For more details, visit: http://www.iicd.org

Goal 6: Combat HIV/AIDS, malaria and other diseases

HIV/AIDS eForums

Health & Development Networks (HDN) through its HIV/AIDS eForums seeks to promote a more effective response to HIV/AIDS and other health-and-development-related issues by improving information, communication and the quality of debate. The HIV/AIDS eForums initiative uses electronic networking to increase the number of voices and perspectives in the preparation and follow-up to major HIV/AIDS conferences.

For more details, visit http://www.hdnet.org/

Radio was used to promote Aids awareness

The entire programme was presented by children with their music. The Deputy Provincial Director for Women and Social Affairs was invited as a special guest. He answered questions raised by the young journalists on children’s specific vulnerability, on HIV/AIDS and on orphans. He also briefed the radio audience on the actions and priorities of the provincial authorities to remove the barriers affecting the well-being of children in Mozambique.

For more details, visit http://aidsradio.oneworld.net

Goal 7: Ensure Environmental sustainability

Using audio and video to capture their local problems
To enable members of a community to acknowledge their human capacity and address common mental health problems in order to improve their social, economic, cultural and ecological environment.

The community use audio and video to capture their local problems (on mental health) and feed the outputs back to the community via loudspeakers, radio, cable television.

This case makes interesting use of audio and video technology to empower local communities. While it is not using the latest technology it is proving how ICTs can give a voice to a community and bring a community to a common understanding of their problems.

For more details, visit http://www.sustainableicts.org/ACISAM.htm

Goal 8: Develop a Global Partnership for Development

Jhai Foundation’s Internet Learning Centers in Laos

Jhai Foundation’s Internet Learning Centers are located in schools but are open for for-profit activity after school and on weekends. The Centers aim to be self supporting through fees generated by private training, Internet calls, e-mail and photos, and provision of business services.

For more details, visit http://www.jhai.org/learningcenter.htm
For the interim technical report

The Urban Poor Consortium in Indonesia

UPC’s mission is to work with marginalised groups to develop strong community organisations and networks. The UPC, in collaboration with local communities, has recently launched three radio stations with a broadcast range of approximately 10-kilometres. The community centres are used as the station bases, and are usually managed by young people and the unemployed of the community. Programs broadcast have covered religion, health, political (land rights and updates on the community’s on-going court battles), education and entertainment. Future programs plan to address substance abuse and domestic violence.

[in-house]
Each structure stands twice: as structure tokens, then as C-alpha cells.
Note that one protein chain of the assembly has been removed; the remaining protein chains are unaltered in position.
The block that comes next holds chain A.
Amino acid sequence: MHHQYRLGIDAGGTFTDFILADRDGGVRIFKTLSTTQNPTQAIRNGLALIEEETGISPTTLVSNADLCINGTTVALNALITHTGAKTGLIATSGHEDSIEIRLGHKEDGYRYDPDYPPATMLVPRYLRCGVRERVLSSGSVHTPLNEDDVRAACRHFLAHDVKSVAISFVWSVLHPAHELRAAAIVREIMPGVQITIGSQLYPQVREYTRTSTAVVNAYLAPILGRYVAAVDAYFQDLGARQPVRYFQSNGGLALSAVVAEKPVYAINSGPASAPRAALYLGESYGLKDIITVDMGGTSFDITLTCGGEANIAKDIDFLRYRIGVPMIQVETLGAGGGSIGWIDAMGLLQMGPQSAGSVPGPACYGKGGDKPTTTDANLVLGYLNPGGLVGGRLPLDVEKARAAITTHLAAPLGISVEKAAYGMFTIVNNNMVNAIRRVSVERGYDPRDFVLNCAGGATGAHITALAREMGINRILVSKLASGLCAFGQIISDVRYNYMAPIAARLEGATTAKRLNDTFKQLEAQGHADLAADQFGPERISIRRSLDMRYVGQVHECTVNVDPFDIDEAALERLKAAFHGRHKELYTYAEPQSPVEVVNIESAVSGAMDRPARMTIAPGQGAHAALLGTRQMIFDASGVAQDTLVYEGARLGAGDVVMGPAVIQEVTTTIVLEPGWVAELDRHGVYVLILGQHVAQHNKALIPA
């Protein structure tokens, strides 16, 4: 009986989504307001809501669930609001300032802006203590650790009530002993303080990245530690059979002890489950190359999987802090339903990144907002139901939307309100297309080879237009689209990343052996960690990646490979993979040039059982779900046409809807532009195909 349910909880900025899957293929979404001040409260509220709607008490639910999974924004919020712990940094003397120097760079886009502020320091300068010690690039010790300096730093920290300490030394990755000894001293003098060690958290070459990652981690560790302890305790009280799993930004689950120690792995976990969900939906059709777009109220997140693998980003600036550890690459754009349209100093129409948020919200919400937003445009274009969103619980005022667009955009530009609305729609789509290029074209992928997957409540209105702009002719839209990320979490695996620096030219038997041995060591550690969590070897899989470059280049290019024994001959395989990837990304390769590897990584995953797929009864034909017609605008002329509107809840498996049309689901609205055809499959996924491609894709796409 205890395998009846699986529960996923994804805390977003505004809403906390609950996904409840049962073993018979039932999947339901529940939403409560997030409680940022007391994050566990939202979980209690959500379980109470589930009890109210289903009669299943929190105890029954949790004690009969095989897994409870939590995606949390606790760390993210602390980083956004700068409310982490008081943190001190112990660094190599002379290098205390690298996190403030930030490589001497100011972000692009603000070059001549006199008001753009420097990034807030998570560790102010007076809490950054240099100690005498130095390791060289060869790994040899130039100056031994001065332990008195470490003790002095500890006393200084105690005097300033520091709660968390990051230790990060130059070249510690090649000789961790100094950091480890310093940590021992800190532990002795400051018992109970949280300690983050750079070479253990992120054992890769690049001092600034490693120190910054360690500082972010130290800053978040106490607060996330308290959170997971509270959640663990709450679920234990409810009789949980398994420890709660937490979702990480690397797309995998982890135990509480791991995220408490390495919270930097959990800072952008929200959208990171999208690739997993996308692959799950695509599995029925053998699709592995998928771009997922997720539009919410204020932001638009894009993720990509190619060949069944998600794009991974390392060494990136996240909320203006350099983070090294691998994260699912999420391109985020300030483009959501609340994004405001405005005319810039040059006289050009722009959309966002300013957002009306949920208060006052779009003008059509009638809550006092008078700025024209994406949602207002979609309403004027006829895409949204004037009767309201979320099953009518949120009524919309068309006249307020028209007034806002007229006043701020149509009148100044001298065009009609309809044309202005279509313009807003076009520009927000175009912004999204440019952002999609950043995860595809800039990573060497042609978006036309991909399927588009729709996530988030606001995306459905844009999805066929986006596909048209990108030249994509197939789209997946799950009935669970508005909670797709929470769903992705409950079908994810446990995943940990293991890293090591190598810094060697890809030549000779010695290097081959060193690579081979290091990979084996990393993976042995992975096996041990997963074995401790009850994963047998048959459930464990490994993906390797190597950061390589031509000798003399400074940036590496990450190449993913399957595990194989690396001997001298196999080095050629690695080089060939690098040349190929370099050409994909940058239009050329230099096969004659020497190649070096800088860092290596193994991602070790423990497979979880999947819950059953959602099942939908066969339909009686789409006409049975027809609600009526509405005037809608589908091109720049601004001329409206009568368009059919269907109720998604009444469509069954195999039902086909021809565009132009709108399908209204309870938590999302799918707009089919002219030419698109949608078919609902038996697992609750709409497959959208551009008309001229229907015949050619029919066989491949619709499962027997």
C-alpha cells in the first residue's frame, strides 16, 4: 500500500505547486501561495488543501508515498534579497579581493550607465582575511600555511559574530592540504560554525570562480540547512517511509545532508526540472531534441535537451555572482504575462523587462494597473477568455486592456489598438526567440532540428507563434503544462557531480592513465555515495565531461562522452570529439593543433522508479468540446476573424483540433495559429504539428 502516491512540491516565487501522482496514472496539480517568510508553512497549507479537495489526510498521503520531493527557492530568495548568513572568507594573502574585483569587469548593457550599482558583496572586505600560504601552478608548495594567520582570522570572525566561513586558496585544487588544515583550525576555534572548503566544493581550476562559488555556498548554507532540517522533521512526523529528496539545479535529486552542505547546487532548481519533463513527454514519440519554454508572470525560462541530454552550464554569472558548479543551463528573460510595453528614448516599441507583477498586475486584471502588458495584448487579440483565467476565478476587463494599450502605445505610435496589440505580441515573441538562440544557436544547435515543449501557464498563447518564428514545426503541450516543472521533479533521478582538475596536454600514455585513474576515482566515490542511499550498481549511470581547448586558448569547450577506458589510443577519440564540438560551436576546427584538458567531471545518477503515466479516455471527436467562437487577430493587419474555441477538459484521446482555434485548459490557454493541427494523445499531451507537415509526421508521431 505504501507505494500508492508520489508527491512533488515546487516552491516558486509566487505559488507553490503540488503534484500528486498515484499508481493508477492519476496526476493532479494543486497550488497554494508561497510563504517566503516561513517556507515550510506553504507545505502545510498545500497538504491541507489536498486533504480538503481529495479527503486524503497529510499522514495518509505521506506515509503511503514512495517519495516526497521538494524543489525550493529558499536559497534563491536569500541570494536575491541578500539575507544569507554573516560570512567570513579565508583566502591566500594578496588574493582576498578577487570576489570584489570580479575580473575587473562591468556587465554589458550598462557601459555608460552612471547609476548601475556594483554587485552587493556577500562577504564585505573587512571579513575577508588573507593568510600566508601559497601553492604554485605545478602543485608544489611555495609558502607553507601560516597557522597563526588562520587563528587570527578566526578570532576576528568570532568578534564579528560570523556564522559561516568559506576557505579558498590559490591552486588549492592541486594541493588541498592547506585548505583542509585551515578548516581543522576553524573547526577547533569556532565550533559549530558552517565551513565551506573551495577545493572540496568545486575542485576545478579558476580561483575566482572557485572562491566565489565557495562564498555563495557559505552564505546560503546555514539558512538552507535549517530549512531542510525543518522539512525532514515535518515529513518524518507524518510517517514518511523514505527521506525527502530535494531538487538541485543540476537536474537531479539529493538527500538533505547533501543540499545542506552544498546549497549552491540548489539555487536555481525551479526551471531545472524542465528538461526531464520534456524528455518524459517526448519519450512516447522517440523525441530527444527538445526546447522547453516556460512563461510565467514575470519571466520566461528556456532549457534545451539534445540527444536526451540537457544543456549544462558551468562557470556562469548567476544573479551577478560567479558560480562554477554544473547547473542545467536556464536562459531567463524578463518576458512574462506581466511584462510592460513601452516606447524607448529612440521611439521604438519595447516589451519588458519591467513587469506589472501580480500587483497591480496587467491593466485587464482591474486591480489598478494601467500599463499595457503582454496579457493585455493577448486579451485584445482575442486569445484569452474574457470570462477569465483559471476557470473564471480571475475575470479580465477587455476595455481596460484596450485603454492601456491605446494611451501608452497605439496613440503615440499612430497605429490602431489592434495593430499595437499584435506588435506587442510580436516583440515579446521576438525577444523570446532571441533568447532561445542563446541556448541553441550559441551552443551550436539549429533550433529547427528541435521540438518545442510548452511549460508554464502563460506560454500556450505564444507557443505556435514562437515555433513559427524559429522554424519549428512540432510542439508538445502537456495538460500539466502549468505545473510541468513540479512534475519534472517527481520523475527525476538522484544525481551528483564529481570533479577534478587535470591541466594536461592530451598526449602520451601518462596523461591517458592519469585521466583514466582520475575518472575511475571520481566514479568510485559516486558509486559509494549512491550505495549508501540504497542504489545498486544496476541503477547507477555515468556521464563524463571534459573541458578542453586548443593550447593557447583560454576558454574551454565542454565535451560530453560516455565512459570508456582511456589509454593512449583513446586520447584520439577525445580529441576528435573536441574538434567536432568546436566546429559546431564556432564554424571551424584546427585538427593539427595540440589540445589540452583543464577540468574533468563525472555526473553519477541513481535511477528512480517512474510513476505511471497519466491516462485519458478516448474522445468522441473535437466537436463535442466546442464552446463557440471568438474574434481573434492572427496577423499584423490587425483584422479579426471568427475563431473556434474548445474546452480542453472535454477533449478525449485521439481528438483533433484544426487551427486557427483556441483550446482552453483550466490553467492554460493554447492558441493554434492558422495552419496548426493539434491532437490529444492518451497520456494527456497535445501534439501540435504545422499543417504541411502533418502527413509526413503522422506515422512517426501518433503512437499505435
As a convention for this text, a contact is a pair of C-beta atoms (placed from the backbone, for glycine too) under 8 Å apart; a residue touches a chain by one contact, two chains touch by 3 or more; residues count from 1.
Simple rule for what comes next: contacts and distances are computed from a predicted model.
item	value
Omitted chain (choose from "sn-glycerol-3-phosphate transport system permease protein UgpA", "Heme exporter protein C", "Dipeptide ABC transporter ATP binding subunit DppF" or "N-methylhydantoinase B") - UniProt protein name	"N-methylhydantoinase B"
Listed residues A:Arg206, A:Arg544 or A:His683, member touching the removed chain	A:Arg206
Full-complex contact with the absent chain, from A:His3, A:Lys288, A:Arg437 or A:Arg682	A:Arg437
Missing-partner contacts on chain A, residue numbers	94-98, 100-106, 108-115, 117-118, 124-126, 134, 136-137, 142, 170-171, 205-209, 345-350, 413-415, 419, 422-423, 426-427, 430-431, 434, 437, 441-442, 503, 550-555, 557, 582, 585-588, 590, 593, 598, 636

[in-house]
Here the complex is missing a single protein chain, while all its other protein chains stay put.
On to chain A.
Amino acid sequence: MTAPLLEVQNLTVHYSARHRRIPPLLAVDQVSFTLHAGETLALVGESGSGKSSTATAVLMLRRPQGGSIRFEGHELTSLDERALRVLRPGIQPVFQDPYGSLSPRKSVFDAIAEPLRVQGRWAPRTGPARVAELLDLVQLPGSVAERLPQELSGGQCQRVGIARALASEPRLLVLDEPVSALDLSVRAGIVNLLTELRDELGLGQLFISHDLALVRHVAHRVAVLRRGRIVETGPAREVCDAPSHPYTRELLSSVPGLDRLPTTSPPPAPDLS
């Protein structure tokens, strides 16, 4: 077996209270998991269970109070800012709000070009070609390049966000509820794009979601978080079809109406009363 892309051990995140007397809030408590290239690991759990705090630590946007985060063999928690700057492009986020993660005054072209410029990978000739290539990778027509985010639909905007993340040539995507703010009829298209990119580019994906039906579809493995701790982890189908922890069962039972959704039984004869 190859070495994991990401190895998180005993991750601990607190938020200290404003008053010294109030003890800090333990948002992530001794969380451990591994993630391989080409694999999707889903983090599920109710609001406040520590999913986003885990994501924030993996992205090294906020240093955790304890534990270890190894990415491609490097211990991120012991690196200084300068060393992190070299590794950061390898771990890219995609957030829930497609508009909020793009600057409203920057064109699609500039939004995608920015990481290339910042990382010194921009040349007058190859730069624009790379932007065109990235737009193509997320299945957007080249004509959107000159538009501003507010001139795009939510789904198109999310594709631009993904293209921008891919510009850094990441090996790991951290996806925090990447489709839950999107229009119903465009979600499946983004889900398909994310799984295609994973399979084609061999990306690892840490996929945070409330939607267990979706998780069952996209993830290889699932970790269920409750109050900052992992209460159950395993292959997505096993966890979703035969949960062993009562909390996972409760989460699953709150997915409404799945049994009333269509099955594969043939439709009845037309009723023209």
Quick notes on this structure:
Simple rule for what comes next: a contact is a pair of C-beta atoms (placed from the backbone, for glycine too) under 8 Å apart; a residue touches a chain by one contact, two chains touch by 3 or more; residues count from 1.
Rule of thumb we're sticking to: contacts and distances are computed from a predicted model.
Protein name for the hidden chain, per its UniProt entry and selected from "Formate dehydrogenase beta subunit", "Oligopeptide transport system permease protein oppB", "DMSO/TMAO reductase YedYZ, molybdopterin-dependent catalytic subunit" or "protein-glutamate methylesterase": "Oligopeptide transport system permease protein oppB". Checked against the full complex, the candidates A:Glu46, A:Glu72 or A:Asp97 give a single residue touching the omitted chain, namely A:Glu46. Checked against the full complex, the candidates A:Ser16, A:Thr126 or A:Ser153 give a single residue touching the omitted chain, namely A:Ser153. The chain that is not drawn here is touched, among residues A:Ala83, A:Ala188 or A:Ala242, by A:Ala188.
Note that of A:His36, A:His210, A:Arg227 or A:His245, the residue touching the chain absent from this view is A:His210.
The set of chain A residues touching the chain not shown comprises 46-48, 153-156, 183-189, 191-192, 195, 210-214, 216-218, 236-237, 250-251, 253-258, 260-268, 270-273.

For more details, visit http://www.urbanpoor.or.id/

Courtesy of the Australian Development Gateway


15 Responses to Examples of ICT projects and poverty reduction

  1. IOSTAR, SANDIA LABS, ORBITAL. The pioneers of GPS & Teledesic – together with directors such as 4 Star General Tony McPeak & former secretary of US Air Force (Roche) and former Branch Chief of guided missiles & CEO of Western Digital – are coming together for intriguing development called SWANsat.

    Imagine a series of at least three satellites providing wireless Internet access to the entire world. That’s exactly what a project called SWANsat or Super-Wide Area Network Satellite plans to do by the year 2011. They intend to be a global broadband Internet service provider that can facilitate up to 600 million connections per satellite. All you need is a handheld mobile device to connect to the system. 3rd world countries can receive access for little as $1 per month, Shareware Telecommunications.

  2. Ayesha says:

    Hey its a really nice article.
    By the way here’s the link for the community united for the same cause

  3. Kenyan says:

    That is a wonderful article and will see if it can be adopted in my home country Kenya

  4. Awesome article!!!!! I loved it!

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    • HOPE says:

      i think those may work in Africa in 10yrs time and such system can be like Credit Score system with the aid of UCC form Uganda and NITA Uganda all SIM cards are being registered and use wired money so u can determine the credit some use per month. And currently IT student from ISLAMIC University in Uganda are developing a system to apply Wired money for supermarkets and those who can afford the components that will be needed by the system.

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    • HOPE says:

      i think those may work in Africa in 10yrs time and such system can be like Credit Score system with the aid of UCC form Uganda and NITA Uganda all SIM cards are being registered and use wired money so u can determine the credit some use per month. And currently IT student from ISLAMIC University in Uganda are developing a system to apply Wired money for supermarkets and those who can afford the components that will be needed by the system.

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  11. Everything is very open with a really clear explanation of the challenges.
    It was definitely informative. Your website is useful.

    Thanks for sharing!

  12. Musa Mbwana says:

    Fantastic and elaborate. Infact my NGO DARP AFRICA (kenya) will benefit so much from this. Infact I had already been thinking in the same direction but had no case studies. Real projects with comparative MDGs well coordinated. Mine wii appear soon.

  13. It’s really a nice and helpful piece of information. I’m happy that you just shared this helpful information with us.
    Please keep us up to date like this. Thank
    you for sharing.